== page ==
What ever you time table make sure you have scheduled time to write.

If you happen to be lucky and have lots and lots of writing time then make the weekend different!

If you write free verse then take weekends as time to work on rhyme, start by reading some rhyming poetry, get the rhythms and different rhymes schemes hooked in your brain.

What ever you are doing… WRITE WRITE WRITE!!!!

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The Quiet Compere

Written on November 14th, 2015 by adminone shout

I am Sarah L Dixon, also known as The Quiet Compere.

Why did I make Cheltenham the Finale of the tour?

Four years ago I knew very little about Cheltenham and had never been. Now, even though I have mainly visited in November (for reasons made clear below) I have an image of very white-washed walls and Greek blue sky. It feels like being near the sea to me, even though I am assured, with my sketchy geography, it is about as far away as you can be from the sea when in the UK!

Ok. So four years ago I was coming to Cheltenham for a conference about how Art and Medicine interact (more about that below). I decided I would run a poetry event there, despite knowing no-one in the area and started making friends there through social media. I booked a venue and ten poets and this was the first event I ran outside Manchester (I had no idea this event would be the beginning of a path that led me to 2 12 date tours in 2014 and 2015).

This first event away from home did not come without its challenges. The venue I had booked closed down about three weeks before the date. Determined that this would only be a hurdle and not flatten it I asked around and Adam Horowitz (one of the performers) suggested a space called Meantime Art Space and I contacted Sarah and she was a superstar, spoke with the person whose art was displayed, sorted out some beers for the night and even took me for noodles when I arrived making my first impression on both Cheltenham and my first impression of a noodle bar positive.

I had a buzz that lasted days when the night went well, poets turned up, I met poets I had only seen online and all stuck to time limits and were friendly. Each year I have run an event the night before Medicine Unboxed. I am still searching for the perfect venue. The second year it was in the Frog and Fiddle’s Barn, which I am sure is delightful in summer months. It was a bare brick wall space with high ceilings, a stage and PA system. On a cold November night it felt like being in a barn. Last year I ran a medical-themed poetry night at The Strand. We had a downstairs room and thankfully a mic (as the party in the bar was particularly rowdy and we were divided only by a curtain). This year we have booked the upstairs space at The Strand as I tread my Cheltenham venues learning curve.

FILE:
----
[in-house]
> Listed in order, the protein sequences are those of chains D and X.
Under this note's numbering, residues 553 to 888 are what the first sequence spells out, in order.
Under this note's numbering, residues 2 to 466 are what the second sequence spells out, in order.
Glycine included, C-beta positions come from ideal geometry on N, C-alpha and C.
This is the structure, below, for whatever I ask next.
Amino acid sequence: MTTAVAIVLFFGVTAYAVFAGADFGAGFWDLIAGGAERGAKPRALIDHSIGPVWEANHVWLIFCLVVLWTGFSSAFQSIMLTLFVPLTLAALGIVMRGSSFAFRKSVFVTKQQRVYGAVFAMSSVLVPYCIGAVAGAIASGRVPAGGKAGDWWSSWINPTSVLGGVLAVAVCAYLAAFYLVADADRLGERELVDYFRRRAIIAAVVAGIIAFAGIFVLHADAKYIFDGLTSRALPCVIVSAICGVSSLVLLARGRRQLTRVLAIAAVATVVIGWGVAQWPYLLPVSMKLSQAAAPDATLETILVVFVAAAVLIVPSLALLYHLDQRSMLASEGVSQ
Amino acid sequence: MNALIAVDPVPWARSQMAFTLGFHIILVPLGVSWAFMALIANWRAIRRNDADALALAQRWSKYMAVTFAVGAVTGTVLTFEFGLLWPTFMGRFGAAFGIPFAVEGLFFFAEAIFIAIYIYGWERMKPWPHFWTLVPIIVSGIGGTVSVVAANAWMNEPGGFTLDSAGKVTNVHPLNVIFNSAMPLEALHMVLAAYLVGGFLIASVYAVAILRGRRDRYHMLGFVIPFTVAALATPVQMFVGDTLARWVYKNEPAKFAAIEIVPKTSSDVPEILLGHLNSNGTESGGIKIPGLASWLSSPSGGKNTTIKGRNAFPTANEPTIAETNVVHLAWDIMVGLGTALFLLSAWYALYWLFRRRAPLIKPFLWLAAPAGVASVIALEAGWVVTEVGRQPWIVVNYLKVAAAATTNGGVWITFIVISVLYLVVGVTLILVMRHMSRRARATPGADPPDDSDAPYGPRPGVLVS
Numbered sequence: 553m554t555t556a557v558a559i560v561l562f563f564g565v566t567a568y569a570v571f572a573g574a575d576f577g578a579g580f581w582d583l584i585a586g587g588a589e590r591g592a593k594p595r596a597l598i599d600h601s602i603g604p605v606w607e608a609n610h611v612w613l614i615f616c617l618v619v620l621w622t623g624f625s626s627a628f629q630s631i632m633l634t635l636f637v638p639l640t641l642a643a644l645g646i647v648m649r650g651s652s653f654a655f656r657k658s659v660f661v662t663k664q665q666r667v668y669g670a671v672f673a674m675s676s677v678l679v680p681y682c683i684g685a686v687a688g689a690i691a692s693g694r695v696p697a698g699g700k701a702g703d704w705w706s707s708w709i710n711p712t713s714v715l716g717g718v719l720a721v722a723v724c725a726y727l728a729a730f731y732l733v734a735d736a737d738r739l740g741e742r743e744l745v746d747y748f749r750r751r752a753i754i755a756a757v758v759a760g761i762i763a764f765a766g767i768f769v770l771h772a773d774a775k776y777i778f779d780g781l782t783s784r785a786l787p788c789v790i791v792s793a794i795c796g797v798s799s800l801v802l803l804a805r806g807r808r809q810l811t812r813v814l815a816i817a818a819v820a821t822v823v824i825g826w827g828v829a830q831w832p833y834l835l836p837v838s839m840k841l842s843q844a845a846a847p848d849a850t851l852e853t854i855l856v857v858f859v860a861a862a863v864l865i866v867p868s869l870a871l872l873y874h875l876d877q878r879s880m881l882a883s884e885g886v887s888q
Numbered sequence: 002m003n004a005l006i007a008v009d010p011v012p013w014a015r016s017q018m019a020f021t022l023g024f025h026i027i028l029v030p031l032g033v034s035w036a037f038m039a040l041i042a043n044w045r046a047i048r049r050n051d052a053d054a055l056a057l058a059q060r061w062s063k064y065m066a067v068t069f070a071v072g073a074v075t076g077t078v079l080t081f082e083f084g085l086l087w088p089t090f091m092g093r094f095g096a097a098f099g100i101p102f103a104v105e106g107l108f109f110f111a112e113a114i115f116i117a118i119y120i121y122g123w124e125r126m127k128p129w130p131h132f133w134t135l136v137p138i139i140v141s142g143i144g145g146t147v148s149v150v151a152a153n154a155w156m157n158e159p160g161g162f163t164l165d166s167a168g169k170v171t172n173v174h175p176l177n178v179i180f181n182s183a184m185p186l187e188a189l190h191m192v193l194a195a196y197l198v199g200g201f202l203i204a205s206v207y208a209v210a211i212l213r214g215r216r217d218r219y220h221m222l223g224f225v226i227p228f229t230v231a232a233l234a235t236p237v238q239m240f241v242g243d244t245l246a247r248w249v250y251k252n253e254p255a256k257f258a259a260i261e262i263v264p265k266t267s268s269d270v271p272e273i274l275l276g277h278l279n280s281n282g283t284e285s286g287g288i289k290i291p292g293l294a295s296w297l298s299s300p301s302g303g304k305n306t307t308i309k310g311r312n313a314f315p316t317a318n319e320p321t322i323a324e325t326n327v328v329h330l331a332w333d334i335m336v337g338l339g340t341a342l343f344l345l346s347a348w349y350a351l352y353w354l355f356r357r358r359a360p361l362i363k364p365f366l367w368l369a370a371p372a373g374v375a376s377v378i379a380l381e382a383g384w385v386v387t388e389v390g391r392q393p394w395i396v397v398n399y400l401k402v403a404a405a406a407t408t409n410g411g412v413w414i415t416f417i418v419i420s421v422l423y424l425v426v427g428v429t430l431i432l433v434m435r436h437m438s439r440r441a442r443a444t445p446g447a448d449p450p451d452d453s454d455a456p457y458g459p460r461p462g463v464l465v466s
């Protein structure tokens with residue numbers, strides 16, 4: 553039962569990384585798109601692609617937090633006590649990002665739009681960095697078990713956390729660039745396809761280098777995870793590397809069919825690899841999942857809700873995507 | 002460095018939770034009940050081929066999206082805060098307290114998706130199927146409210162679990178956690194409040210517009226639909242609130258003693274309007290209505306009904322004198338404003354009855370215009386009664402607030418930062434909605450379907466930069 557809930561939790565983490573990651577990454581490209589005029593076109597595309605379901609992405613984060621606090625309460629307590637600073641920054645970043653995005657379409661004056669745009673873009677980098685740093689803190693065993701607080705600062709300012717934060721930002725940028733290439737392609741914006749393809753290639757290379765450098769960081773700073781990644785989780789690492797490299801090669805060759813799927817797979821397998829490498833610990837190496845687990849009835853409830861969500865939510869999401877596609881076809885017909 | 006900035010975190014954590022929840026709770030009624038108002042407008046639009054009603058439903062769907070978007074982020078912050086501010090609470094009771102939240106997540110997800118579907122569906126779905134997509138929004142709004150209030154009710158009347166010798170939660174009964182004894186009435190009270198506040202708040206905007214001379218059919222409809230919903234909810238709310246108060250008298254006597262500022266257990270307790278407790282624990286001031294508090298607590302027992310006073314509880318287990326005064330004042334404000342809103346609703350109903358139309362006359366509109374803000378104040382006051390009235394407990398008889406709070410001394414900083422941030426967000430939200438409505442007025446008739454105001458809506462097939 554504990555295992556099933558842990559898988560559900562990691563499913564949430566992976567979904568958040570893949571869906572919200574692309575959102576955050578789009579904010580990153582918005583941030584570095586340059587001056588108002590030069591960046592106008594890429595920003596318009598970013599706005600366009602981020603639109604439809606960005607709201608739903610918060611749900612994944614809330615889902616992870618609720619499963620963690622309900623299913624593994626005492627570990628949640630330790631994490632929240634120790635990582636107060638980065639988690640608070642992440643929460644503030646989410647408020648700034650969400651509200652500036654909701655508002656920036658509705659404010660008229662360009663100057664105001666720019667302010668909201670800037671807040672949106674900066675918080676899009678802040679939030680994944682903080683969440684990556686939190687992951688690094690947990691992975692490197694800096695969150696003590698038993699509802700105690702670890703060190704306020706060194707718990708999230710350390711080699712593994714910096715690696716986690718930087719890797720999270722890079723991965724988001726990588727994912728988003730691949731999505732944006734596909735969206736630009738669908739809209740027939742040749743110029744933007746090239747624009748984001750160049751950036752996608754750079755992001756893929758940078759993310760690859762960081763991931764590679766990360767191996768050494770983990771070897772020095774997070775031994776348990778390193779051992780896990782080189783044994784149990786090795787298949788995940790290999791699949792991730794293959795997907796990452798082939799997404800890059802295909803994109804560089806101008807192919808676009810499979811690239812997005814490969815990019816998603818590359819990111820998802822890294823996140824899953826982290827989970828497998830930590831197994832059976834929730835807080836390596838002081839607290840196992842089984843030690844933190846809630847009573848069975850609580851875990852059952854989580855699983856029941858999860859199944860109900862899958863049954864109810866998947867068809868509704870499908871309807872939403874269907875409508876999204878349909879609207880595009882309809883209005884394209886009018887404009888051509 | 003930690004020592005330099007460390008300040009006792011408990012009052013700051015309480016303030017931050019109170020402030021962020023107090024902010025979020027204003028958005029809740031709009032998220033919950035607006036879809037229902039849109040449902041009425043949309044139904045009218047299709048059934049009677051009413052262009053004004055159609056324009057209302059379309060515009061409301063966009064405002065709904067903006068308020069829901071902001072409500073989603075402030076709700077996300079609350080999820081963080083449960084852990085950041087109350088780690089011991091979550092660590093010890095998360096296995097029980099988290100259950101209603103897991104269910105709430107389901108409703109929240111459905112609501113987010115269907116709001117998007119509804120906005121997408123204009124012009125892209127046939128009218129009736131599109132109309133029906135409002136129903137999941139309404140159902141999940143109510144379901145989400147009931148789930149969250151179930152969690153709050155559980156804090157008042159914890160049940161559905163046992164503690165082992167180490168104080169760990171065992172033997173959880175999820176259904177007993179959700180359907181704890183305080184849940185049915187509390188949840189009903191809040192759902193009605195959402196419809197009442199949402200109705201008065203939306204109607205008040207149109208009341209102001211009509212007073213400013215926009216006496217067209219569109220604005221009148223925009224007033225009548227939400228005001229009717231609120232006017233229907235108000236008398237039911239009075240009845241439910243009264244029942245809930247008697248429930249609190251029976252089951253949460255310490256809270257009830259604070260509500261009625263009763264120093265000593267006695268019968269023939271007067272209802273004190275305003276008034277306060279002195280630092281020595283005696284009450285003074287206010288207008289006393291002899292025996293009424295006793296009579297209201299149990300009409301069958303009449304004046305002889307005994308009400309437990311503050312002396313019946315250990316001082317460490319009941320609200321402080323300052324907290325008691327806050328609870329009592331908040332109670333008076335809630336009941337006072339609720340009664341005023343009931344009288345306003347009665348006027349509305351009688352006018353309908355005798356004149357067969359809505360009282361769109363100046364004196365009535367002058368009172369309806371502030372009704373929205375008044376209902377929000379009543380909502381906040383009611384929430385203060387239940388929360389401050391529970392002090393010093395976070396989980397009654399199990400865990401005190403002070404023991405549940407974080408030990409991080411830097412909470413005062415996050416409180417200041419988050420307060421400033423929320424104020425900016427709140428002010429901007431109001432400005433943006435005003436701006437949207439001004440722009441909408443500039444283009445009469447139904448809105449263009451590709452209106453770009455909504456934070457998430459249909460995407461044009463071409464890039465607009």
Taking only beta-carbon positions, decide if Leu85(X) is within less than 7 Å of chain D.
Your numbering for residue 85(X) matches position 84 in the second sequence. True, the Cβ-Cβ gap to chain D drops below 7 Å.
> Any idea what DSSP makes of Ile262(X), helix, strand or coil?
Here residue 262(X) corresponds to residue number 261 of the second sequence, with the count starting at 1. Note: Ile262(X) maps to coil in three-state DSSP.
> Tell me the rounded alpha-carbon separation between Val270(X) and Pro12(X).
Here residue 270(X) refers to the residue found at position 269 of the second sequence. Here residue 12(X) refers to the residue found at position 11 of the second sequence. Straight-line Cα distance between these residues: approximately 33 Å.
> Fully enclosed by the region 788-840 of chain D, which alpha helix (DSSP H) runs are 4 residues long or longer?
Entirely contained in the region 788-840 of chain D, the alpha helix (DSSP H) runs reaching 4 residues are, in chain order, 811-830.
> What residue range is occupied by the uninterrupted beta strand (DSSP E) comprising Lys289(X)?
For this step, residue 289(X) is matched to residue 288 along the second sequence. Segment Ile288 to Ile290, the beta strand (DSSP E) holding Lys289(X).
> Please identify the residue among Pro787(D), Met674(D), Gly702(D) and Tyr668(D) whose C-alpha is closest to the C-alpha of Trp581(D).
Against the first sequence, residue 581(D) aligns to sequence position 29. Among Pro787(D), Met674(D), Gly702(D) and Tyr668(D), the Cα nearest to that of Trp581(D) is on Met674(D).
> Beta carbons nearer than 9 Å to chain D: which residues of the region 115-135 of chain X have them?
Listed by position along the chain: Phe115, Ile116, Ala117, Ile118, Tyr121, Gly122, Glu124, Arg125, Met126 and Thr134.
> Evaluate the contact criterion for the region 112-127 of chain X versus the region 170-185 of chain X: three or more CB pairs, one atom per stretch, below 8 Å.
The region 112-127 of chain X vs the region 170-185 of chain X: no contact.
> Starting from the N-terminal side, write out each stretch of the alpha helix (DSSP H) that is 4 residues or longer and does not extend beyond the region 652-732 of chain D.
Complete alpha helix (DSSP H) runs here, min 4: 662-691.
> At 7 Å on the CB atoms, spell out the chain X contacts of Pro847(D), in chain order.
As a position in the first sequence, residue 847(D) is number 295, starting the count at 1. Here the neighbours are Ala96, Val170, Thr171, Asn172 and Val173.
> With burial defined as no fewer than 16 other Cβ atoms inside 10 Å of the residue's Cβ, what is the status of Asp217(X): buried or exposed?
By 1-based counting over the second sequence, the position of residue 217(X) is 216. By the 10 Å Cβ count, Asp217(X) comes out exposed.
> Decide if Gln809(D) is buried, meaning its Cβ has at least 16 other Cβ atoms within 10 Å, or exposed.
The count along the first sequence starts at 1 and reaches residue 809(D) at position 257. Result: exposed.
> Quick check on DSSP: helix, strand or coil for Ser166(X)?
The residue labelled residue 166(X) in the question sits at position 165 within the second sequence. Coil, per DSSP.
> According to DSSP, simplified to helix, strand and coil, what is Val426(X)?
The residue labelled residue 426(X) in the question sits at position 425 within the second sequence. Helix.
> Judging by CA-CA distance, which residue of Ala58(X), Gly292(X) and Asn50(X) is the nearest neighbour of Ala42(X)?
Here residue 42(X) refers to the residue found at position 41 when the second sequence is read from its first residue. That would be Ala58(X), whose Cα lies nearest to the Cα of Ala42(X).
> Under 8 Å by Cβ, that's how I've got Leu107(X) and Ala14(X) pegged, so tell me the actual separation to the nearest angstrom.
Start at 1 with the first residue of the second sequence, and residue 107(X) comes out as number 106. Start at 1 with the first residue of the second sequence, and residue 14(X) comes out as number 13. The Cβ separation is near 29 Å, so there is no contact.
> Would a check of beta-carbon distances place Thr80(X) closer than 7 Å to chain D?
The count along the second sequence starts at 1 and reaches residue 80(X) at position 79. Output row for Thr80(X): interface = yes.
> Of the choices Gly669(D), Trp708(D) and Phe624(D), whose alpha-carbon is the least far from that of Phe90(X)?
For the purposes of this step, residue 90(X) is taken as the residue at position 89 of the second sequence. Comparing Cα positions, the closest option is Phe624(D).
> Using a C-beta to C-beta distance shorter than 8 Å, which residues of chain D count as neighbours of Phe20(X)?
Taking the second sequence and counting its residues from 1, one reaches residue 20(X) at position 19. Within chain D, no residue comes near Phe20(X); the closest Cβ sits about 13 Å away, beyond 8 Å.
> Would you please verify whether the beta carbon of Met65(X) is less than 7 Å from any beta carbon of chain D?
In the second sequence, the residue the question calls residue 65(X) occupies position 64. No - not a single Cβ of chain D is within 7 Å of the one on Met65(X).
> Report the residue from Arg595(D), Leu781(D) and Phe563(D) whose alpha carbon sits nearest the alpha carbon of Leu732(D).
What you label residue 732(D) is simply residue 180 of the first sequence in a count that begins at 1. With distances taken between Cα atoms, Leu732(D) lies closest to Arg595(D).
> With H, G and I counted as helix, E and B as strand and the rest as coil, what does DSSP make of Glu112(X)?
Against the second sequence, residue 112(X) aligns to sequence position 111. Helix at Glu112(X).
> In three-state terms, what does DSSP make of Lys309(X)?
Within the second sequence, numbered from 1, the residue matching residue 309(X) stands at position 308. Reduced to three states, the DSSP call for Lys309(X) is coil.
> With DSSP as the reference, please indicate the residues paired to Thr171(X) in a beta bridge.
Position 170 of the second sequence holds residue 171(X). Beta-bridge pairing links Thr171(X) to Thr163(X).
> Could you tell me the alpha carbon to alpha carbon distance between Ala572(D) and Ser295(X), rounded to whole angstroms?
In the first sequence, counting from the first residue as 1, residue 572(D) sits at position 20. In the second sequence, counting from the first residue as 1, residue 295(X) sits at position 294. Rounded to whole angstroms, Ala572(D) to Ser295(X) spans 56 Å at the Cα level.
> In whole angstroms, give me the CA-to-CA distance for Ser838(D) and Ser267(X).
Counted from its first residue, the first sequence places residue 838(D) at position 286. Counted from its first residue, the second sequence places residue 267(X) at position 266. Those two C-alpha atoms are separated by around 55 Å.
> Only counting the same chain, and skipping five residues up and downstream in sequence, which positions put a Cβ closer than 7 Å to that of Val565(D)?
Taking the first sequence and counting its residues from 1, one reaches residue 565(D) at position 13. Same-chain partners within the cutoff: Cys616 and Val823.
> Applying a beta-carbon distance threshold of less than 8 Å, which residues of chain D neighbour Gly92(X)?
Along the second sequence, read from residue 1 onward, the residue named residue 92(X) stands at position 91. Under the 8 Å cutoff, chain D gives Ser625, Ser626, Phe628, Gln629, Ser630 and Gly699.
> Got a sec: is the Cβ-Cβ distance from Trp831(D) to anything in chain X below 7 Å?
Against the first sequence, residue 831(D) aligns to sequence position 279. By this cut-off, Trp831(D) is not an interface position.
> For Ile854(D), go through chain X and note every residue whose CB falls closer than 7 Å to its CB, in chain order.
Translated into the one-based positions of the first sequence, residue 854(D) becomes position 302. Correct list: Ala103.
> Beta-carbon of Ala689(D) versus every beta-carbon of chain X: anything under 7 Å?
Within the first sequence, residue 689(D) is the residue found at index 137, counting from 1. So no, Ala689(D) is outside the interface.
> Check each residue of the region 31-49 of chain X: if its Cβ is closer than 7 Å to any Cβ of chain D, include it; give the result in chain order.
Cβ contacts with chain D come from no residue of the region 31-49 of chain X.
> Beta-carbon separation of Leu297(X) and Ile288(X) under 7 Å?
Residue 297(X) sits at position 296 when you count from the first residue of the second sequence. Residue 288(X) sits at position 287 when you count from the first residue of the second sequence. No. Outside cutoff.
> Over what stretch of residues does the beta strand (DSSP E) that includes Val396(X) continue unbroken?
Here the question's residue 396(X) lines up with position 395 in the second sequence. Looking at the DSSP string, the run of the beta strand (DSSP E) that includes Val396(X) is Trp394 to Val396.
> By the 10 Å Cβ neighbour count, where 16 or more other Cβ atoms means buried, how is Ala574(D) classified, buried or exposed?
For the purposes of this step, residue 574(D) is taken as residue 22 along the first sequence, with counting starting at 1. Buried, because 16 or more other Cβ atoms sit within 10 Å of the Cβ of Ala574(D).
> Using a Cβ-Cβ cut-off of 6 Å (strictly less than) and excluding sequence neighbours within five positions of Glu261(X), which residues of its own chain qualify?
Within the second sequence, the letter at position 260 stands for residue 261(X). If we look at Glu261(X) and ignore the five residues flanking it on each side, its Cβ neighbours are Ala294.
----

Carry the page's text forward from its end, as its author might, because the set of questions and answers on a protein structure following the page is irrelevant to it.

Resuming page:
Cheltenham was just the beginning

After the Cheltenham gig I decided to takeover Poetry by Heart in Leeds for a month with six poets I knew from workshops, Arvon courses, events and Facebook. The gig was cracking. When my job in the NHS was disappeared and I started doing spreadsheets for my neighbour’s company from home between school runs I saw an opportunity. I was fuelled by an Apples an Snakes masterclass presented by Tony Walsh about “How to promote yourself, your poetry, your events” that I has attended two weeks before the job went awry.

I had disregarded the section about applying for funding at the time. I am not funny. I am not perfomancey. Why would anyone fund my tour? But then, the tour didn’t have to be about me. What did I do at every event I ran. I quietly planned, promoted and hosted these events with attention to detail that was noted and appreciated by performers and venues. Could I take the ten poets x ten minutes format on tour?

I was aware this format had been employed in the North East at Take Ten, but only after it had evolved at my nights as a format that filled a gap in the circuit. Many established nights had 2-4 minute open mic and 15-30 minute guest spots, but not many gave poets the opportunity for something in between. I know I was terrified the first time I had to fill a guest spot with poems (when before all I had 2-3 minutes).

So the format was born and funding application bids submitted

The Quiet Compere Tour has been Arts Council funded and has so far been to 23 cities, putting on shows with 10 local poets reading for 10 minutes each. I like to introduce poets only by name rather than huge bibliography. Let the poems do the talking. We have a mix of established and less well known performers, and it’s the latter that often steal the show!

The Finale of 2015 tour – Friday 20th November 2015 7pm doors. 7:30pm start

Quiet Compere 2015 Cheltenham

Finale Thoughts

Events in Birmingham, Worcester and Oxford have all been hugely successful and I would be delighted to see some of the performers and friends from those areas in the audience.

Look out for Kickstarter to part fund 2016 tour very soon

Quiet Compere Advice:

Play. Enjoy. Try different styles. Find other poets you trust. Get feedback. Be honest. Pursue butterflies. Stretch yourself. Try not to over-edit.

How I fell in love with Cheltenham

I worked in NHS admin for 17 years and when I returned from Maternity Leave received a link to a conference called Medicine Unboxed. This is a conference master-minded (he is director and curator) by Samir Guglani, Consultant Clinical Oncologist at Gloucester Hospital. The first year I attended Sam engaged in every debate on the same level as the expert panels, or even more strikingly in one-to-ones. I have now attended the past three years (themes Belief, Voice and Frontiers) This year’s theme is Mortality (and as spent over half of NHS life as a Histopathology and/or Post Mortem secretary) this is of particular interest to me. Samir Guglani was a performer at the Oxford event in May and I met Kiran Millwood Hargrave, who is in the Cheltenham line-up through Medicine Unboxed and Cheltenham Poetry Festival.

Medicine Unboxed ticket link here